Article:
We’re so close to Thanksgiving, which means we’re mere days away from the end of NaNoWriMo 2019! How’re you doing, writers?
I’m not officially participating in NaNoWriMo this year. I’m not unofficially participating either. But I applaud the spirit of the event, and I definitely see the benefits of sitting your butt down at the computer every chance you get and pounding out words, come hell or high water. Or early snow, which we had here in East Tennessee.
I tend to give myself writing goals that are both ambitious and forgiving, like finishing my next novel’s first draft by the end of the decade. (Which is the end of this year.) Here we come, roaring twenties! Anyway, that means I have to sit down and write something every day, if I’m going to get to my 80,000-ish word goal by December 31! I guess you could say I’m always in an extended state of NaNoWriMo … ?
If you’ve made it this far down the NaNoWriMo rabbit hole, you’ve probably been forced to come up with your own productivity routines. I’ve tried other people’s over the years, starting with the Master himself: Stephen King, who is notorious for advising writers to sit down and pound out 1,000 words every day. Sometimes I stick with that. Sometimes I write 300 words and enjoy the progress. Sometimes I write nothing, and devote some hours to getting my mind right. And sometimes, I struggle and have to find a completely new solution to the writer’s most universal problem: How to Get the Damned Thing Written. So, here’s a discussion of three tricks I’ve developed over the years to actually get down to the work of writing. Enjoy!
1. Befriending procrastination.
Since college, I’ve known that I (as most writers do) have a knack for pulling out adequate work at the eleventh hour. Notice I said adequate: this is the kind of stuff that got me decent grades, but nothing I ever procrastinated to write ever turned out really, really good. Honestly. But even as I was learning to let the words flow at midnight for the paper due at 8 am, I started gaming the procrastination system. Want to know how?
I would take a handful of things I really, really didn’t want to do–because I had a mental block about them, because I’d rather listen to Old Crow Medicine Show while dancing around in my living room, because I’d be distracted by something–anything–shiny.
And then I would create a hierarchy of Things to Procrastinate. Apartment cleaning, exercising and various homework assignments all featured on the list. So I would win by putting off organic chemistry, for example, by cleaning the bathroom. And then I would do my organic while pushing back researching for my Shakespeare paper. And so on. Truthfully, it worked, and it works to this day. I avoid housework with writing the next scene of my novel. I avoid my novel with a blog I need to write for a freelancing client. Eventually, it all gets done, especially when I deploy …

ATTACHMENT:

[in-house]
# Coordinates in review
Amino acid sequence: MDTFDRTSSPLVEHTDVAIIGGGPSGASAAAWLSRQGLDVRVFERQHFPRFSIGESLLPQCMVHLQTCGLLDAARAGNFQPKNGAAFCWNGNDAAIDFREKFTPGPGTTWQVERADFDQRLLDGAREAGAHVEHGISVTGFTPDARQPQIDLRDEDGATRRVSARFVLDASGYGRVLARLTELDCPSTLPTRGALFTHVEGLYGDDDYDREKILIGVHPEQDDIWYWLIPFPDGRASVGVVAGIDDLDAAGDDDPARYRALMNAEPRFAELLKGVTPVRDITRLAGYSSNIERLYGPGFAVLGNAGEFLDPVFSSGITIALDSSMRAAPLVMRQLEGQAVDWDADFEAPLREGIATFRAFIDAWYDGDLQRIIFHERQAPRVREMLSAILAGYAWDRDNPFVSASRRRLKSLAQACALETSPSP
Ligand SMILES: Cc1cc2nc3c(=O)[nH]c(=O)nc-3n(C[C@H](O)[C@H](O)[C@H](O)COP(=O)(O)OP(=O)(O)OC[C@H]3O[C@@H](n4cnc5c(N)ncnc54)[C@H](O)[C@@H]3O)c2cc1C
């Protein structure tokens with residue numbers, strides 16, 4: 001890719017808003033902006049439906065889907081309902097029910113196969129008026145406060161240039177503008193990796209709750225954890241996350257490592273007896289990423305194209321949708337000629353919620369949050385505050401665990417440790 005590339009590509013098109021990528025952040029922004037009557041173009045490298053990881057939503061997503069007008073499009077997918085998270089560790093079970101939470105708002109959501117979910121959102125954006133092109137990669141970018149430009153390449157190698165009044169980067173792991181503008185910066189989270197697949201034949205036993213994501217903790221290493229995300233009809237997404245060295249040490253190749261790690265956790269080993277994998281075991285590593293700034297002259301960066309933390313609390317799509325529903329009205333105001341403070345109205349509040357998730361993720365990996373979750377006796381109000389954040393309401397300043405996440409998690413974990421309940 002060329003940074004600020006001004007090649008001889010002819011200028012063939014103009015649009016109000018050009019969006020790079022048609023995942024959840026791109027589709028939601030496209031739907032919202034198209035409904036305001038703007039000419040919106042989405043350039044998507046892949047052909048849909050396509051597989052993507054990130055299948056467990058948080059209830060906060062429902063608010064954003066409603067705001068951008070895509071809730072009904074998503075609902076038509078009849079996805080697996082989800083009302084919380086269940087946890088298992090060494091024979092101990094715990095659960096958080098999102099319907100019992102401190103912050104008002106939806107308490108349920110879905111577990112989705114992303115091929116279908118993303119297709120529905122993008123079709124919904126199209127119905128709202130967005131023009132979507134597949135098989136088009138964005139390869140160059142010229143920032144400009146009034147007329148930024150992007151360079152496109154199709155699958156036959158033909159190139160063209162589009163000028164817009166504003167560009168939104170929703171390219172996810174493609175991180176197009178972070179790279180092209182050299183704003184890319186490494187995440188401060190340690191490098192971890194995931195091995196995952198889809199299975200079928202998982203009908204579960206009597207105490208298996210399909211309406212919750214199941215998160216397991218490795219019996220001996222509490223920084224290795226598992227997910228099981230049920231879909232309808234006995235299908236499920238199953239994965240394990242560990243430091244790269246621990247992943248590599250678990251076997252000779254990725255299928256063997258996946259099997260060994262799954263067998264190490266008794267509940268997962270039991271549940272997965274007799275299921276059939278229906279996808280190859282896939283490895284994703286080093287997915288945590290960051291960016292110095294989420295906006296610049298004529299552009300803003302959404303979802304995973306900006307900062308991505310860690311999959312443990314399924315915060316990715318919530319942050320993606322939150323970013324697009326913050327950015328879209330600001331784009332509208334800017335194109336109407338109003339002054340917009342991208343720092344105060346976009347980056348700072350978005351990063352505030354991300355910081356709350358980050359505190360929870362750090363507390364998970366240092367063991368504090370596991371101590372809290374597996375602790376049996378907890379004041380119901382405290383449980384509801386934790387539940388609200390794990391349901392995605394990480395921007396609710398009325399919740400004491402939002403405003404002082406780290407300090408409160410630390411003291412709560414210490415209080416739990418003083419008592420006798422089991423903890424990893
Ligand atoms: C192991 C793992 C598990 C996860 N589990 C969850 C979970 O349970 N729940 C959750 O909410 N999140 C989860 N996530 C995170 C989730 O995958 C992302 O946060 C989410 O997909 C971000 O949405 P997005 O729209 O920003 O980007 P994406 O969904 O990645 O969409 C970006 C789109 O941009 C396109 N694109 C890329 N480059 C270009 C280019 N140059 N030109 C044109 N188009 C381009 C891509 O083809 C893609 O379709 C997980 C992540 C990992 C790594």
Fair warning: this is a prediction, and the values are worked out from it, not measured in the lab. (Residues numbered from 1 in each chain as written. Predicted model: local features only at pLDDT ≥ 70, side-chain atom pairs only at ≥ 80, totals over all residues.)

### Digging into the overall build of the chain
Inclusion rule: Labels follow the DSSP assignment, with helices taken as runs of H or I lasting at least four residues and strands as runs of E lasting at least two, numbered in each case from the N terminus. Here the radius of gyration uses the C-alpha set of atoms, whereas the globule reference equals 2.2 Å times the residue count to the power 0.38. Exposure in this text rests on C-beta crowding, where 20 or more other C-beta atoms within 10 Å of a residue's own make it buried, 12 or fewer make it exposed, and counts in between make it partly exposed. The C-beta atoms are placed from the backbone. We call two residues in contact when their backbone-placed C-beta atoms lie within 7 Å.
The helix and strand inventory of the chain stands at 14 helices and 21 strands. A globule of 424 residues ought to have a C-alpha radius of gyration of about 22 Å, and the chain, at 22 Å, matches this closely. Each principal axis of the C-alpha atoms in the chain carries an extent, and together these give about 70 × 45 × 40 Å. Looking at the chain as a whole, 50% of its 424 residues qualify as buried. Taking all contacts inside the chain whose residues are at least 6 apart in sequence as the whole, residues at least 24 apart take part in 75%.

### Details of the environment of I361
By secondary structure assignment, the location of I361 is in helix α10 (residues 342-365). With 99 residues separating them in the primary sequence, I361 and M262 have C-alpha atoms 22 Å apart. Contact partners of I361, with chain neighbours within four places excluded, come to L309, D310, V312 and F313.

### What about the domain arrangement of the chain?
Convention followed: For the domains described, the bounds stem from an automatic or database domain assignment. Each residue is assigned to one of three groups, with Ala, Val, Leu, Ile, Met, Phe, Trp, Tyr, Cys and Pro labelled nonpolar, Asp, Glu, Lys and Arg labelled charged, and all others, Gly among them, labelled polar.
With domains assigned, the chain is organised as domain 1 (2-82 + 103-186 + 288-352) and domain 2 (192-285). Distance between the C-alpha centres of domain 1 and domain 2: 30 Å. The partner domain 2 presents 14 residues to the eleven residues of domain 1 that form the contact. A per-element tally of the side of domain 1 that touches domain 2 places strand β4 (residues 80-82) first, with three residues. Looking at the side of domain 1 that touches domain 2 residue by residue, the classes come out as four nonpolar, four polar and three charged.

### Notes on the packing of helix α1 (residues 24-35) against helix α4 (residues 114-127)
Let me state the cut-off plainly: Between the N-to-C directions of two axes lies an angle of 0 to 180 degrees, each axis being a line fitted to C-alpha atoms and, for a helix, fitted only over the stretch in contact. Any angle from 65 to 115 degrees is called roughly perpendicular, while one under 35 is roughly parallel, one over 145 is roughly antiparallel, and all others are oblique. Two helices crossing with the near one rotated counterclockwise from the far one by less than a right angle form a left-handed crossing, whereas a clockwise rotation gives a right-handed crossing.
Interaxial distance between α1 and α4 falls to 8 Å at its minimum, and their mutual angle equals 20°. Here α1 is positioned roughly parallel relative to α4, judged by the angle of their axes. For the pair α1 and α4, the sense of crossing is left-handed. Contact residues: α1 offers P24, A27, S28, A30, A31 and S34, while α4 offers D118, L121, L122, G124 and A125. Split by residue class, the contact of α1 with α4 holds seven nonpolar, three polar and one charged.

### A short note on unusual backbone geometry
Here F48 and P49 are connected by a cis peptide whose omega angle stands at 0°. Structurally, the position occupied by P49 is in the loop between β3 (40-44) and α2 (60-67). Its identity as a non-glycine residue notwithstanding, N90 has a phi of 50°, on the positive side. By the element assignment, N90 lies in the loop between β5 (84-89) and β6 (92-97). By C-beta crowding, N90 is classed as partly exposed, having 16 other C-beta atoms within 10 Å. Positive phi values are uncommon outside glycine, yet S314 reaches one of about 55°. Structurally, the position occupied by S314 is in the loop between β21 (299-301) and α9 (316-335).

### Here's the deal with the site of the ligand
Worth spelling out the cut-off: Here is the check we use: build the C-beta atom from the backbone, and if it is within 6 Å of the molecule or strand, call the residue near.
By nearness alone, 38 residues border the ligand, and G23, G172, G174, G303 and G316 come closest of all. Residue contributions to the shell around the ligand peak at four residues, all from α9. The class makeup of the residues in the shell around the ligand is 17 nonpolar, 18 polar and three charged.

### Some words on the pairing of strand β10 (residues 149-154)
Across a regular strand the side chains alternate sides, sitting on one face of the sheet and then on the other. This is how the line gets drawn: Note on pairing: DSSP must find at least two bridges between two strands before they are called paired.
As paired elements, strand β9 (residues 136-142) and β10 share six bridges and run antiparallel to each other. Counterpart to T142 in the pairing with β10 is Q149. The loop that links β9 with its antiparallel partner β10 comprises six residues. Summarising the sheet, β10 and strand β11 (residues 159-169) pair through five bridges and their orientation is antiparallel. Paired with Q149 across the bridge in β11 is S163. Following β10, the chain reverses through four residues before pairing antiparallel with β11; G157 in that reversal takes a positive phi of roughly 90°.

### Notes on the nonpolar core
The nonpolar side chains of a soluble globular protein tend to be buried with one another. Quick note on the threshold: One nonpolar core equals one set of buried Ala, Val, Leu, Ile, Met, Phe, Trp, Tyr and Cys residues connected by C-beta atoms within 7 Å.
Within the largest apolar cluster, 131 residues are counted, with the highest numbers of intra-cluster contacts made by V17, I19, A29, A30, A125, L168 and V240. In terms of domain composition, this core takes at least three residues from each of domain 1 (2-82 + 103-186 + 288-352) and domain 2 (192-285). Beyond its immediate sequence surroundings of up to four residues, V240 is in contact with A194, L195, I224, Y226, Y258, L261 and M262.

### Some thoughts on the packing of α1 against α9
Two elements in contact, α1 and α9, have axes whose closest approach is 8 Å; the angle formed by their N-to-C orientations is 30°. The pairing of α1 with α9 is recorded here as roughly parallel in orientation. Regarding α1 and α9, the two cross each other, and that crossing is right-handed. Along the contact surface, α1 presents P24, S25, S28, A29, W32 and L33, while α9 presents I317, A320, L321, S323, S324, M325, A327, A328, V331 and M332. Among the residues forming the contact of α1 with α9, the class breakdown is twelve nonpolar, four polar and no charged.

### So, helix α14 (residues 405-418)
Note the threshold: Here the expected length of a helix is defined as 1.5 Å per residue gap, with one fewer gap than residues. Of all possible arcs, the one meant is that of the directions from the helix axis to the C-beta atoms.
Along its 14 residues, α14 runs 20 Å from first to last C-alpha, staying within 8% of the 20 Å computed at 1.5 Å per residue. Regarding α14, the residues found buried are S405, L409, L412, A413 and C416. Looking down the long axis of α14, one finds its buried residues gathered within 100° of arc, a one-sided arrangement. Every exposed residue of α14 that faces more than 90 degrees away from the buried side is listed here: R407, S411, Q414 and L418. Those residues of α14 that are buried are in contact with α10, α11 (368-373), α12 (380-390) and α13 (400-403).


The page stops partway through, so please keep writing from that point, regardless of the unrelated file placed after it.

2. Giving myself treats for being a good girl!
That’s right, I reward my own good behavior. Because, why not? A lovely walk in the fall air, a few minutes watching reruns of New Girl when the kids are off at their grandmother’s. Even–yes–a piece of chocolate. But beware: don’t overindulge the snacks for rewards, because that’s the path to feeling overweight and unhealthy, and spiraling down into depression. NOT speaking for a friend, here. Writers are indeed prone to this, and I believe it’s because our occupation is so singularly lonely.
We spend a lot of time with ourselves. So I make it a point to be kind to myself, and make healthy choices for myself.
Celebrate the little wins: first drafts, second/third/fourth … eighth drafts. Each deserves its own toast. The first/second/third/fortieth rejection email from literary agents. Collect those. Really. It will be the digital pile you metaphorically stand on when you let loose your blood-curdling scream of victory: “YES! MY DEBUT NOVEL IS MUTHA-F***ING FORTHCOMING!”
There’s a flip side, too: don’t let yourself fall down a well of despair with every day you didn’t meet your word count, or each time somebody doesn’t like or get your writing. Keep at it. Get better. It’s the only way.
3. Write shit.
I know, that’s a little aggressive to read partway down a post that’s supposed to be inspirational.
When I say write shit, I mean it in the casual sense, like stuff. But I also mean that sometimes I write in the full knowledge that the words I’m pounding out are actually terrible. Sometimes I make a game of it: how insipid can I be? How cliche? How generally terrible by every available measuring stick? Just get it written. It’s just throwing clay down on the wheel for now. You’ll get to shaping and trimming, then glazing and firing later on. Maybe. You might throw the whole mess back in the slurry bucket and start over. It’s ok. Keep writing. Get better.
I hope my view on productivity gives you some new inspiration for your own writing routine, or anti-routine … whatever actually works!